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* Copyright (C) 2013 Cloudius Systems, Ltd.
* This work is open source software, licensed under the terms of the
* BSD license as described in the LICENSE file in the top-level directory.
// A lock-free mutex implementation, based on the combination of two basic
// techniques:
// 1. Our lock-free multi-producer single-consumer queue technique
// (see lockfree/queue-mpsc.hh)
// 2. The "responsibility hand-off" (RHO) protocol described in the 2007 paper
// "Blocking without Locking or LFTHREADS: A lock-free thread library"
// by Anders Gidenstam and Marina Papatriantafilou.
// The operation and correctness of the RHO protocol is discussed in the
// aforementioned G&P 2007 paper, so we will avoid lengthy comments about it
// below, except where we differ from G&P.
// One especially important issue that we do need to justify is:
// Our lockfree queue implementation assumes that there cannot be two
// concurrent pop()s. We claim that this is true in the RHO protocol because:
// 1. We have pop() calls at two places:
// (A) In unlock(), after decrementing count and outside a handoff (=null)
// (B) in lock(), after picking up a handoff.
// 2. We can't have two threads at (A) at the same time, because one thread
// at (A) means another thread thread was just in lock() (because count>0),
// but currently running lock()s cannot complete (and get to unlock and A)
// until somebody will wake them it (and this is what we're trying to show
// is impossible), and news lock()s will likewise wait because the waiting
// lock() is keeping count>0.
// 3. While one lock() is at (B), we cannot have another thread at (A) or (B):
// This is because in (B) we only pop() after picking a handoff, so other
// lock()s cannot reach (B) (they did not pick the handoff, we did), and
// unlock cannot be at (A) because it only reaches (A) before making the
// handoff of after taking it back - and we know it didn't because we took
// the handoff.
// Another difference from our implementation from G&P is the content of the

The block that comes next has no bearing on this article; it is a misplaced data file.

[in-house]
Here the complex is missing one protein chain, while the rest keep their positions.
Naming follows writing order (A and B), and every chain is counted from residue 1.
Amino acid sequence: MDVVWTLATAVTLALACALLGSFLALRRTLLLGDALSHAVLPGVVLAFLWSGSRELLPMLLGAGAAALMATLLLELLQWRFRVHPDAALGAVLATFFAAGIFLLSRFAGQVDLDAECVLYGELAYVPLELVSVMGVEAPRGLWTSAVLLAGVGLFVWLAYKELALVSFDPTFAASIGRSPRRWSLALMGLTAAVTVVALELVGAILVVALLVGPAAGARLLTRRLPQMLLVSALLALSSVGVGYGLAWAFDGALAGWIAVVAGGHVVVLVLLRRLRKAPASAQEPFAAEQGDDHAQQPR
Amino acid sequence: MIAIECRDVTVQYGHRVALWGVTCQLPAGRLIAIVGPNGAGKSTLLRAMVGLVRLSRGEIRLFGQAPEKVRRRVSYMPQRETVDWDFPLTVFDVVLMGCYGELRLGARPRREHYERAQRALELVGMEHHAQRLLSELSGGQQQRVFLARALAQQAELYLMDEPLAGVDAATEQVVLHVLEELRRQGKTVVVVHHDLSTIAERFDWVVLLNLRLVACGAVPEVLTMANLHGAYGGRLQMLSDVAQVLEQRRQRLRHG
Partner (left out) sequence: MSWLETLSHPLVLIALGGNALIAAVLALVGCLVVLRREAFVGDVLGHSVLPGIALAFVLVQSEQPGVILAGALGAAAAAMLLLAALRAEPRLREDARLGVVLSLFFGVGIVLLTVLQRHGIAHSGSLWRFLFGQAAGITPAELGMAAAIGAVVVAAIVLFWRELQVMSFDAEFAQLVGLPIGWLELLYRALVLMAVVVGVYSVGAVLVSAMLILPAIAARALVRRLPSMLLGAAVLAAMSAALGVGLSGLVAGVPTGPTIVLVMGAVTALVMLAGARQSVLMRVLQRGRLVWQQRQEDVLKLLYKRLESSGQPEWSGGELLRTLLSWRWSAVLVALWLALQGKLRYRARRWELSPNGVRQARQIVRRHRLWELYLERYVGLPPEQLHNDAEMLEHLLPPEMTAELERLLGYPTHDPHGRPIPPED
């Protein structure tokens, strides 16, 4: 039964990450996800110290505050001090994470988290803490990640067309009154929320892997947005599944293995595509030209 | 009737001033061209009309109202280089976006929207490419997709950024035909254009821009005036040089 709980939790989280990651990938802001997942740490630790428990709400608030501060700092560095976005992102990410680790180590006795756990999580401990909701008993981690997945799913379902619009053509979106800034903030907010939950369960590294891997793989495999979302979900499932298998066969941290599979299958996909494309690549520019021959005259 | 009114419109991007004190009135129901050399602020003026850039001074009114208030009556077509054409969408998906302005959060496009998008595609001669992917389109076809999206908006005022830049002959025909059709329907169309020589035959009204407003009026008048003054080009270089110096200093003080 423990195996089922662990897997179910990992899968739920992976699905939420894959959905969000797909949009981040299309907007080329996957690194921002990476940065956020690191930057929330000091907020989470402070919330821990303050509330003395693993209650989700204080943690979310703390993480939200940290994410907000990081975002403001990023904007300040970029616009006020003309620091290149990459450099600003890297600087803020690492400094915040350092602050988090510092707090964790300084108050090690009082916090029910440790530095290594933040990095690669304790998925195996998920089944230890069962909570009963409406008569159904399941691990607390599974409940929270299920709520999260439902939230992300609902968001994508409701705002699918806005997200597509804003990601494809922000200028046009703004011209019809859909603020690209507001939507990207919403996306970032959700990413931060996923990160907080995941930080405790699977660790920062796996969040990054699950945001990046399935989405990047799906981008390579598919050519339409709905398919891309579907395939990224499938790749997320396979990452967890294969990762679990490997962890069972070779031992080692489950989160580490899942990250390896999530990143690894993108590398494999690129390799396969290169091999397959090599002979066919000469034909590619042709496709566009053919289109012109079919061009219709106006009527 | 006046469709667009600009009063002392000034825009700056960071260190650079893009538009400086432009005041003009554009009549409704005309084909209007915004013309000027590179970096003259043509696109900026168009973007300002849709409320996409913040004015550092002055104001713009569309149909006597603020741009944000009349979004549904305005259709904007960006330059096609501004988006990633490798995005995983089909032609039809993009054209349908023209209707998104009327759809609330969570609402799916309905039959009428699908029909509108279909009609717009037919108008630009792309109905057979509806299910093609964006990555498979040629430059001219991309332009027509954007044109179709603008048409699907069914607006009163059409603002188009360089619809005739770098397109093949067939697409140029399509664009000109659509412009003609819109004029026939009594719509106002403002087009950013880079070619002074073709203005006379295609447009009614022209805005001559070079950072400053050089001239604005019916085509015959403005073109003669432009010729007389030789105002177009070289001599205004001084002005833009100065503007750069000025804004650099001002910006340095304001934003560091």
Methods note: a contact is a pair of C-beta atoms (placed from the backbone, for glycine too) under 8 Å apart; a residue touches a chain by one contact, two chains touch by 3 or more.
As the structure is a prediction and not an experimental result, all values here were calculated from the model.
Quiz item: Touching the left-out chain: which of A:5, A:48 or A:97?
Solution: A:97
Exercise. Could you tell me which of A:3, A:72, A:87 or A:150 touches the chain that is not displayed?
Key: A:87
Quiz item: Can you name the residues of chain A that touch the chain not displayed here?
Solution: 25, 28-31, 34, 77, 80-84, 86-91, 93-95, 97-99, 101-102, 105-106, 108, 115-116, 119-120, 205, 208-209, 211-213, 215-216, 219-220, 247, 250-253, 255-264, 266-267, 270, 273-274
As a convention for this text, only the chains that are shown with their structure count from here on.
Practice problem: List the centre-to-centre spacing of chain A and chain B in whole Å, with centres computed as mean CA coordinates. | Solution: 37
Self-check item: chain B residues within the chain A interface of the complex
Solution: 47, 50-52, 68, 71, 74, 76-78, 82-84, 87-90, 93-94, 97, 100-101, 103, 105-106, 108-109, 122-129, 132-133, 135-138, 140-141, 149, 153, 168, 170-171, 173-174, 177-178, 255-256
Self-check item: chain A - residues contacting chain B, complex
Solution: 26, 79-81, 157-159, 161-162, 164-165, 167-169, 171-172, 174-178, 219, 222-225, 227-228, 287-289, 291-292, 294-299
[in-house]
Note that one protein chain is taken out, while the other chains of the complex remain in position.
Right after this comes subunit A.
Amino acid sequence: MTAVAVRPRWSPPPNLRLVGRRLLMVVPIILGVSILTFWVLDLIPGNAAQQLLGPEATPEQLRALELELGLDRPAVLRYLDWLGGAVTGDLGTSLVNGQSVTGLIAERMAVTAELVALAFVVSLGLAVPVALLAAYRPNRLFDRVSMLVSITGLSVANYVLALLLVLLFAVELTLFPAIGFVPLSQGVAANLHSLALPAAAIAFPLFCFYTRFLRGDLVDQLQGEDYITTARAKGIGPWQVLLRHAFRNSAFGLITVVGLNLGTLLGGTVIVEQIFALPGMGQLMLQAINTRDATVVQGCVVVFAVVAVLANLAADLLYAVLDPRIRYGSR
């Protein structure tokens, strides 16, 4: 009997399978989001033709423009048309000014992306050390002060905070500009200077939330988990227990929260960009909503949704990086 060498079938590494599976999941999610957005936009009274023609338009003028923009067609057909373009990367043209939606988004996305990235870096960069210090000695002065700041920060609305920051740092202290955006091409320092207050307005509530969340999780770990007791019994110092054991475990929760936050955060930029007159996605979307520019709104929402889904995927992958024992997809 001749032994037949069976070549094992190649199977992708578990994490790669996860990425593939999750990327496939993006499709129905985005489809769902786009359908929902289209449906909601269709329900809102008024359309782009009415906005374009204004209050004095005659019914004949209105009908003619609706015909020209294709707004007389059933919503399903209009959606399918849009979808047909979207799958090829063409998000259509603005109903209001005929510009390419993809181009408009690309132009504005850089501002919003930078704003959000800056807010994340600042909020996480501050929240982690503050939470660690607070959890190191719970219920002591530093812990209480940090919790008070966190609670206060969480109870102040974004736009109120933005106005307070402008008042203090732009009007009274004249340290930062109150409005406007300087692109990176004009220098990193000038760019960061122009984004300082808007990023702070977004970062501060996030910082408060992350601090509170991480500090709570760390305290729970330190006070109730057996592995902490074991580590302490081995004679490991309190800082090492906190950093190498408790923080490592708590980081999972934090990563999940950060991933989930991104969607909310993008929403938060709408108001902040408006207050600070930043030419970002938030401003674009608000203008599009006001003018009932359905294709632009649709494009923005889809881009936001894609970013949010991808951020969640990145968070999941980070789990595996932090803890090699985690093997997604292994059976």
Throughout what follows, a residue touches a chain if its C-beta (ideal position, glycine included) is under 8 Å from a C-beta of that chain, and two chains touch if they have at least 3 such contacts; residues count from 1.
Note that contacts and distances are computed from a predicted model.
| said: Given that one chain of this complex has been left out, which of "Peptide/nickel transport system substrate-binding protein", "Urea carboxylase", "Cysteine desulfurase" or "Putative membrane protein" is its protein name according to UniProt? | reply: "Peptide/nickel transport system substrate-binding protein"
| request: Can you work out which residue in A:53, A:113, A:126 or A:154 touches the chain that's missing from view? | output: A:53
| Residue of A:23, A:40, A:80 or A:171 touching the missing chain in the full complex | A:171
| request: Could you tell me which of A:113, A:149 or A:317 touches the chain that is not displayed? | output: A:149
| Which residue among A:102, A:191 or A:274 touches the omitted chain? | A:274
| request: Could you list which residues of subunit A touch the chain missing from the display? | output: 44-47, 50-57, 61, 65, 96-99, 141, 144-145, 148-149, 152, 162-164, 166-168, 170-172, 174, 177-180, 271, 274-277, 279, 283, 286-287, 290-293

// handoff token. G&P use the processor ID, but remark that it is not enough
// because of the ABA problem (it is possible while a CPU running lock() is
// paused, another one finishes unlock(), and then succeeds in another lock()
// and then comes a different unlock() with its unrelated handoff) and suggest
// to add a per-processor sequence number. Instead, we just used a per-mutex
// sequence number. As long as one CPU does not pause for a long enough
// duration for our (currently 32-bit) sequence number to wrap, we won't have
// a problem. A per-mutex sequence number is slower than a per-cpu one, but
// I doubt this will make a practical difference.
#include <atomic>
#include <lockfree/queue-mpsc.hh>
// we don't want to include <sched.hh> because that includes a bunch of things
// which eventually, recursively, use mutexes.
// We also can't include <osv/wait_record.hh>, as that includes <sched.hh>.
namespace sched {
class thread;
struct wait_record;
namespace lockfree {
class mutex {
std::atomic<int> count;
// "owner" and "depth" are only used for implementing a recursive mutex.
// "depth" is not an atomic variable - only the lock-owning thread sets
// and reads its own depth. "owner" is atomic - one thread doing lock()
// needs to read the current owner possibly set by another thread - but
// it can be accessed with relaxed memory ordering.
unsigned int depth;
std::atomic<sched::thread *> owner;
queue_mpsc<wait_record> waitqueue;
std::atomic<unsigned int> handoff;
unsigned int sequence;
// Note: mutex's constructor just initializes the whole structure to
// zero, and its destructor does nothing. This is useful to know when
// allocating a mutex in C.
constexpr mutex() : count(0), depth(0), owner(nullptr), waitqueue(), handoff(0), sequence(0) { }
~mutex() { /*assert(count==0);*/ }
void lock();
bool try_lock();
void unlock();
bool owned() const;
// getdepth() should only be used by the thread holding the lock
inline unsigned int getdepth() const { return depth; }
// For wait morphing. Do not use unless you know what you are doing :-)
void send_lock(wait_record *wr);
bool send_lock_unless_already_waiting(wait_record *wr);
void receive_lock();